Wearing three hats is uncomfortable. Wearing more than three is unwieldy to the point of immobilizing you, which is probably just as well because you look ridiculous. The hats I totter under are beret, mortarboard, schoolmarmish cloche, black prison uniform cap, fedora with press pass stuck in the brim, and flapper’s feathered whimsy.
There’s a chronology to this list—the hats represent poet and fiction writer since age 19 (when my first story was published in a magazine); college grad/grad school survivor (1956-62); newspaper columnist (80s through 90s); volunteer with The Writers’ Club at the Maryland House of Correction for Men (80s and 90s again); schoolteacher/professor (1961-2011); and publisher (1974 to present). I claim the flapper feather because the nonprofit literary press I have directed for more than 40 years, BrickHouse Books, Inc., was just named Baltimore’s 2013 Best by Baltimore Magazine, occasioning my feathered attendance at the magazine’s speakeasy-themed celebratory bash. Over the 50+ years I’ve been piling those hats on, I rapidly doff and don them in varying orders (cf. the great hat-passing scene in Waiting For Godot).
Asked about “transitioning” from, say, teaching and/or writing to publishing, I have to reply that there have been no such seques. Starting almost from the moment I announced to my astonished (and probably rather disheartened) writer/editor/teacher/administrator parents that the things I would never grow up to do were writing, publishing,teaching and administering (oh, by the way, I chaired Towson University’s English Department for a decade), I began doing all those things.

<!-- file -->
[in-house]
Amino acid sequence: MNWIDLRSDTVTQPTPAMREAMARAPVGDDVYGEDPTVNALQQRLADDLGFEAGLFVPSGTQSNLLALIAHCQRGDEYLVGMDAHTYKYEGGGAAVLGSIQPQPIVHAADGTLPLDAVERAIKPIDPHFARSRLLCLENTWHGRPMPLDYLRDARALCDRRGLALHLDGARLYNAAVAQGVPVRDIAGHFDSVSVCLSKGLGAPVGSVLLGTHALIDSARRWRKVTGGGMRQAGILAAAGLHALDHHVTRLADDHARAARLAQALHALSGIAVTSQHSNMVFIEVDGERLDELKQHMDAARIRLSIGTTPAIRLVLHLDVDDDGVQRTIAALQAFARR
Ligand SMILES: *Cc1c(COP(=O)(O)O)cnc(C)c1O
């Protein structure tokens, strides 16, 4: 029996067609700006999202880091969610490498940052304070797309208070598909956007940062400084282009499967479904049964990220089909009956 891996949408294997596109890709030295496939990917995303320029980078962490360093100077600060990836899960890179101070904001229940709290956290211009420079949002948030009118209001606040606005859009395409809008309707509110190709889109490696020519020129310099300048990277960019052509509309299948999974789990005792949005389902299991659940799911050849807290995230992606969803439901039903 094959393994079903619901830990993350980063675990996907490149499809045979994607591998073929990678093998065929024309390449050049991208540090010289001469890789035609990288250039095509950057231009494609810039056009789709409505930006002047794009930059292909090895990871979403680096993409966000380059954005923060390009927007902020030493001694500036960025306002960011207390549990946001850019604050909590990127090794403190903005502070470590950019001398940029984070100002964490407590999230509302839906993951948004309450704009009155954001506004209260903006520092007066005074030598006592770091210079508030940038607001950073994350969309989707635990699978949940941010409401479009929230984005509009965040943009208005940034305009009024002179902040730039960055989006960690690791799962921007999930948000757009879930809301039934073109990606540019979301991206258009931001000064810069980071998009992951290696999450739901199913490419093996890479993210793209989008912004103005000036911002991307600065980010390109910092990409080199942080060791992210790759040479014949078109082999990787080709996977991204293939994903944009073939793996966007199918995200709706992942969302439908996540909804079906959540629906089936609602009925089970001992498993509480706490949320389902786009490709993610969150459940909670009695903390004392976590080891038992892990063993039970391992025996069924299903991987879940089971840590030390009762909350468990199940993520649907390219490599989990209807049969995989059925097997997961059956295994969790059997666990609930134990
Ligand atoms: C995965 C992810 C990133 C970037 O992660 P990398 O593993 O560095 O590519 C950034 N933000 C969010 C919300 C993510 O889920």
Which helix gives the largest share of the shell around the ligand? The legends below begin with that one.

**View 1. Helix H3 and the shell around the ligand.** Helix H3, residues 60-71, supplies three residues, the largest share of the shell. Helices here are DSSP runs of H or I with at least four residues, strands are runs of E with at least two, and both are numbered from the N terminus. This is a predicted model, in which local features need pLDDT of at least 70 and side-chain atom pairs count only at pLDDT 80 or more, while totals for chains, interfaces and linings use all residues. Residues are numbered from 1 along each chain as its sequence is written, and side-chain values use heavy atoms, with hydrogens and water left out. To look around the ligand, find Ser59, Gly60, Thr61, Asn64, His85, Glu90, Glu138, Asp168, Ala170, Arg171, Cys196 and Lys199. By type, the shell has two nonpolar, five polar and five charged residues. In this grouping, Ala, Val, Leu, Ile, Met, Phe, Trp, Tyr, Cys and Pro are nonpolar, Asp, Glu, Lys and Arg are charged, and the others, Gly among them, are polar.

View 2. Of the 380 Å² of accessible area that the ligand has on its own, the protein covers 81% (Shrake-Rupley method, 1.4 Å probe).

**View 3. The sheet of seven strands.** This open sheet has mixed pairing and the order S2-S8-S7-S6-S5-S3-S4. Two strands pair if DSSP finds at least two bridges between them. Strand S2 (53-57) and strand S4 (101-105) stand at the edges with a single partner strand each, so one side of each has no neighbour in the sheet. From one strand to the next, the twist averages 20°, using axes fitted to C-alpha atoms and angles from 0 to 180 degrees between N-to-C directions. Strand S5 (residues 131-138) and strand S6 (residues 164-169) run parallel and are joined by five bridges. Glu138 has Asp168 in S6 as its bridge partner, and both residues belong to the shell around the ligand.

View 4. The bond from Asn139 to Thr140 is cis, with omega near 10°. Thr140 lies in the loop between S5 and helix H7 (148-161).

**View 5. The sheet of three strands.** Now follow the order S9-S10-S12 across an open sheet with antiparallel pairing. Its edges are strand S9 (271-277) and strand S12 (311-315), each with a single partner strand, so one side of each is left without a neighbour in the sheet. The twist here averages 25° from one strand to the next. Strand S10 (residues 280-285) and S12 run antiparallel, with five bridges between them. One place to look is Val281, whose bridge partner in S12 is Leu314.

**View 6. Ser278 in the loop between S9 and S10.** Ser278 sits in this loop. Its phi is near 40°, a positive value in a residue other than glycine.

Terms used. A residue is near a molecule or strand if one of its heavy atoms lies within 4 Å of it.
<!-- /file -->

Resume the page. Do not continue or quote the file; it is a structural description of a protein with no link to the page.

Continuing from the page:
The one activity conducted by both my parents which I did not rule out was parenting, and in retrospect I am convinced that the refuge of ordinariness, even (dare I say) emotional health which I gained by having my two lively, interesting, curious, smart, busy children around most of the time from my late twenties through my fifties is why wearing all those hats worked out pretty well. It made my schedule almost make sense: they were my constant while I was doing some writing either before everybody got up or after everybody went to bed; teaching at “Beltway University” (the adjunct thing, driving from, say, UMBC [University of Maryland, Baltimore Campus] toGoucher to Towson University) to teach a couple of courses at each place; driving a carpool; cooking dinner (what sensual pleasure we writers find in cooking!), and so on. I’m sure you all know the drill. My point is that virtually all my poems, stories, and articles came out of those activities more or less directly. It wasn’t exactly that I wrote about those activities. It was that they set off a noise in my brain, a hunger in my gut, providing words and images which hooked together in ways that surprised me.
I think being in a state of constant surprise is one of a writer’s most essential work-tools—that and, of course, obsession. A few years ago there was a PR campaign for some worthy literary enterprise which featured the question, “If you couldn’t write, would you die?” A writer is supposed to answer yes, of course. For me the question got it backwards: in order to make me not write–not think in words and images, whether or not they ever got down on paper, you would have to kill me. Knock on wood—Irish style, fist to skull: I’m still alive–and sporting hats.